But the mood now seems to be shifting as analysts wonder whether Cathay’s weakness might lead to a takeover attempt by its profitable shareholder. A combined carrier would emerge as the world’s second largest passenger airline and its largest cargo carrier, and the duo would operate from a powerful hub in Beijing, serving as a focal point for northern China, and a comparable base in Hong Kong, challenging China Southern’s aspirations to control the market in the south.
Cathay’s supporters say that the speculation is misplaced and that the current crisis will pass. Its management has already announced a major overhaul of its passenger business and it says that the worst of the fuel losses will tail off as the airline comes to the end of the punitive hedging contracts.
In contrast the Chinese airlines haven’t hedged their fuel requirements so they have been getting the full benefit of lower oil prices in the spot market. But that advantage will disappear if the price of fuel rises, making it harder to offer discounted fares and outcompete more conservatively minded operators like Cathay.
What are the prospects for a merger?
The Hong Kong Economic Times says that since Cathay eliminated 600 jobs in Hong Kong as part of its biggest revamp in two decades in May, the speculation about a takeover attempt by Air China has refused to go away. But aside from the political sensitivities in allowing another of Hong Kong’s prominent firms to fall into mainland hands, a key obstacle is the uncertain status of air traffic rights negotiated between Hong Kong and other countries if a Chinese entity were to take control.
Another concern is how the cultures of the two airlines would mix. The Swire family has controlled Cathay since 1948 and the airline has always been led by long serving company men, many of them from English universities like Oxford and Cambridge. Air China’s management has different backgrounds and different loyalties, and bringing the two together would be a mammoth task. Despite their current cross-shareholdings, integration between the two has been relatively limited – they are still members of rival global alliances, for instance.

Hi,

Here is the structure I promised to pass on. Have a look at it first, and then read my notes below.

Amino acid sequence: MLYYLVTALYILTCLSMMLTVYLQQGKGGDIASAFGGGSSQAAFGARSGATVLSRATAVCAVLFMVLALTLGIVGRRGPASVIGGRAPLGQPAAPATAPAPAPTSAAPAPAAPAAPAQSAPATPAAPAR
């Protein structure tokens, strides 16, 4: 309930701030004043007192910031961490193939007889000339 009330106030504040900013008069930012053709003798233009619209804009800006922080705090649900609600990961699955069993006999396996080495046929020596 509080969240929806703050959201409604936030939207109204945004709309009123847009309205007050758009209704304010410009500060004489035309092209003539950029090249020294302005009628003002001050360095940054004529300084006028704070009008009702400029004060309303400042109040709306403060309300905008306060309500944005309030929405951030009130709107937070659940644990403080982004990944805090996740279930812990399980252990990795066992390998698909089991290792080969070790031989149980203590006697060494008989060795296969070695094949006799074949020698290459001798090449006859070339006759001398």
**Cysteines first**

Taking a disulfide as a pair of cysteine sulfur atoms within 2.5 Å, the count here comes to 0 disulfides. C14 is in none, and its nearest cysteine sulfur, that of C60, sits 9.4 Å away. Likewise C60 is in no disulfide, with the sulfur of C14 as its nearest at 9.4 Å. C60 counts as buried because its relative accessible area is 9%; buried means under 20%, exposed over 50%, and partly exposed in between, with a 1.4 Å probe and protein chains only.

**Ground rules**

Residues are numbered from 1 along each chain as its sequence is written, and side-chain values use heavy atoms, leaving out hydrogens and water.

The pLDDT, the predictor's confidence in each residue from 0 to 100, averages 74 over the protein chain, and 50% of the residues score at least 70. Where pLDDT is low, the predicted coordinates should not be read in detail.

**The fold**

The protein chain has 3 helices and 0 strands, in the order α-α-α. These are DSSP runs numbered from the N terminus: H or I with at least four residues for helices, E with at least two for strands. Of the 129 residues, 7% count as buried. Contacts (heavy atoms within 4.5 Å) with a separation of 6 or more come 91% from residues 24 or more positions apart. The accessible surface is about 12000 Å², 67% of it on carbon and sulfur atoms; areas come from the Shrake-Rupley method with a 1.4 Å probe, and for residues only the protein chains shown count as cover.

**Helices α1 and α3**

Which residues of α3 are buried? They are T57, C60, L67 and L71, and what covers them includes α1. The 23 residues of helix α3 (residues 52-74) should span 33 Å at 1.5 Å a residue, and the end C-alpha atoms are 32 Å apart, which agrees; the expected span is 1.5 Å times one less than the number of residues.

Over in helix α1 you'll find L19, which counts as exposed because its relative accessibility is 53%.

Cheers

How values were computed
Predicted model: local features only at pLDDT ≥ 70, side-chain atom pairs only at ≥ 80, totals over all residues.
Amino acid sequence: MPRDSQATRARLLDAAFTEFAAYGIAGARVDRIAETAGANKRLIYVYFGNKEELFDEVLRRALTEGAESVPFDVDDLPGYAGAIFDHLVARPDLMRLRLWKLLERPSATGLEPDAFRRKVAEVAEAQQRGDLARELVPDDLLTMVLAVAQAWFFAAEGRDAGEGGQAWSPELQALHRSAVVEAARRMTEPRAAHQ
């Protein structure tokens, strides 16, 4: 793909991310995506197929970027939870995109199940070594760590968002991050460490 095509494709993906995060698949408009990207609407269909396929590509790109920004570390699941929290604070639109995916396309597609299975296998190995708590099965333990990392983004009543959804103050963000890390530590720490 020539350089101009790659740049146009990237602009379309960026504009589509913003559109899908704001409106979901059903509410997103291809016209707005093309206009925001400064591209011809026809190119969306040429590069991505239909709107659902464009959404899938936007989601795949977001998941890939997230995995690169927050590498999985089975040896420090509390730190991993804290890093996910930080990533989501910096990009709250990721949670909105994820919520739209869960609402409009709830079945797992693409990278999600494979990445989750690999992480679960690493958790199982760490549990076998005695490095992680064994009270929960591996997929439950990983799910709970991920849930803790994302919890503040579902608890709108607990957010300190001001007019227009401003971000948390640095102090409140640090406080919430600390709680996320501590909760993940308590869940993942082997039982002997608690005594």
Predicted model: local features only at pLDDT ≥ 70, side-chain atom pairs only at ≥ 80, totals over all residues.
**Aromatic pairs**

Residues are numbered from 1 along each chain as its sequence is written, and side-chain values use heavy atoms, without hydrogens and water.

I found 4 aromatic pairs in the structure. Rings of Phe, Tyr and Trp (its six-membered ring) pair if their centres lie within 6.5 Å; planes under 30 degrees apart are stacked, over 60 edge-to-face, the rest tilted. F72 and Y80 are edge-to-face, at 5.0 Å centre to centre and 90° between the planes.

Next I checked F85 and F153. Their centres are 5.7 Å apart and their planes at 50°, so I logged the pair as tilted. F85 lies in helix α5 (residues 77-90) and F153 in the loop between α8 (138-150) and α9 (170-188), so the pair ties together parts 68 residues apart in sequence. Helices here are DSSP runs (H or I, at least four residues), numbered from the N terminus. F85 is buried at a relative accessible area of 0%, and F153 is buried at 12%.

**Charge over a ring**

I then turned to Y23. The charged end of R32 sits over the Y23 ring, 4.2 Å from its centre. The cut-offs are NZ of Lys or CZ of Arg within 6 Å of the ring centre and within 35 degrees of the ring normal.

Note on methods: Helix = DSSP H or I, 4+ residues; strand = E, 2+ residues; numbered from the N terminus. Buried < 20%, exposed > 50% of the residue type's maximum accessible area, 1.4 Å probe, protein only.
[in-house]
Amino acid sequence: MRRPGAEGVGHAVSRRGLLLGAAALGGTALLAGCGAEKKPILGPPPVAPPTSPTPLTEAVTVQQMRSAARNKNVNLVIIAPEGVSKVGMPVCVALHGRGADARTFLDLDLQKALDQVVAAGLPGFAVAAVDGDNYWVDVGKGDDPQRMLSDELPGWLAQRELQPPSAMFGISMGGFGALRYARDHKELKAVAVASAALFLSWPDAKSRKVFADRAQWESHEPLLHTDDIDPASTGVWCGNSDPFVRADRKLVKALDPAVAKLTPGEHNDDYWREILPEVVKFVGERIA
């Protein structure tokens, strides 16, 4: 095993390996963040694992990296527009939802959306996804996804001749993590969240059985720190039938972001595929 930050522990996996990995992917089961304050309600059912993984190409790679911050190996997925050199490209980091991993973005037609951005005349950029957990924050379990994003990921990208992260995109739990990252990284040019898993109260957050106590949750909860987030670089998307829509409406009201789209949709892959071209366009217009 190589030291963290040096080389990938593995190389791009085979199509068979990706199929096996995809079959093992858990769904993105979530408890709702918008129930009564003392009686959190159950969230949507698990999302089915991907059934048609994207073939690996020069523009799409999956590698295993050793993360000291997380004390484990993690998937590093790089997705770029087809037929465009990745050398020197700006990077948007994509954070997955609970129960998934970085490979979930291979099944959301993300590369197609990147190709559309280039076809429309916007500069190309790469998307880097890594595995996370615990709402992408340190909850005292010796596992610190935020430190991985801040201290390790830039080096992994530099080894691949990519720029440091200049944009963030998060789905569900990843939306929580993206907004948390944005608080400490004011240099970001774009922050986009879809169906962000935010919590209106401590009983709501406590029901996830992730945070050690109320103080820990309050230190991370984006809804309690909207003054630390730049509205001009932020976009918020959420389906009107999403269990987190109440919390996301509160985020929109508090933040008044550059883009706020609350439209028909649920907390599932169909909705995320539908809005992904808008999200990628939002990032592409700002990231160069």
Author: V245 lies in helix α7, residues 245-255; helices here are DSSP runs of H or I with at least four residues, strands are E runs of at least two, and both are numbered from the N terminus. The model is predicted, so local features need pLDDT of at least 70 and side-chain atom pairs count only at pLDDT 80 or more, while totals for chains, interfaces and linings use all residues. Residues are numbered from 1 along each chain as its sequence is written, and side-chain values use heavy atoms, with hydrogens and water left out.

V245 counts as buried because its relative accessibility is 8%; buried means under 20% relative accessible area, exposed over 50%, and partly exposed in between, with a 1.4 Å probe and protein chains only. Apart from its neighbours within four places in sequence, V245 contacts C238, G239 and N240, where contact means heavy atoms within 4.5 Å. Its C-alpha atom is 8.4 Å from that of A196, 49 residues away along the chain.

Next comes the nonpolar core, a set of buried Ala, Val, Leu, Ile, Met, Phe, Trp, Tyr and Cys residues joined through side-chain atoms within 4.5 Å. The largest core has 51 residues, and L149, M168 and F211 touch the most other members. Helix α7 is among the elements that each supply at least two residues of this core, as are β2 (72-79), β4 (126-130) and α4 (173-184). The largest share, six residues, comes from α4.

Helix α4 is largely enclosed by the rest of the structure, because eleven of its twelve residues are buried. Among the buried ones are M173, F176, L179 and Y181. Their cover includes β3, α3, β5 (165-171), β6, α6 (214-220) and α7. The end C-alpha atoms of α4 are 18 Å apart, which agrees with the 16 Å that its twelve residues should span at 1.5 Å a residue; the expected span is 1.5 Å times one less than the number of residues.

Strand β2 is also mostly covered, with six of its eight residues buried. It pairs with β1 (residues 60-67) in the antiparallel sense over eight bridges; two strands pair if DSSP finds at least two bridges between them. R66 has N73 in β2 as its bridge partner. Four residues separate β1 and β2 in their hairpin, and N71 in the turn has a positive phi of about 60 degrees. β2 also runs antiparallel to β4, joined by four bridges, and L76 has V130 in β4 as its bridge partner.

Yet takeover talk has persisted and may explain the emergence of a new investor in Cathay’s shares. Kingboard Chemicals, a circuit boards maker which has turned its focus to real estate in recent years, has built up a stake of 9% in Cathay since last year, becoming its third largest investor. Perhaps Kingboard is hoping for something similar to the uptick in the shares of OOIL once Cosco’s interest was reported. The latter then offered a premium of almost a third on OOIL’s share price in its takeover bid.
In the meantime Kingboard’s founder is calling for Cathay’s largest shareholder to get more of a grip on its airline. “I hope someone in the Swire family – as Cathay Pacific is in hard times at the moment – will come out and lead the company for a while before handing control back to the professionals,” Cheung Kwok-wing told the South China Morning Post in late July.
James Tong, public affairs director at Swire, responded that it was “fully committed” and “remains confident about the future” of the airline. Yet Hong Kong’s diminishing claims as an aviation gateway must raise the possibility that Cathay’s main shareholder may eventually change its mind.
After all, OOIL was under the longstanding control of the family of Tung Chee-hwa, formerly Hong Kong’s leader, before it finally relented to the attentions of a state-owned buyer from the mainland. Like its largest container shipping line, perhaps Hong Kong’s flagship airline will eventually end up in Chinese hands too.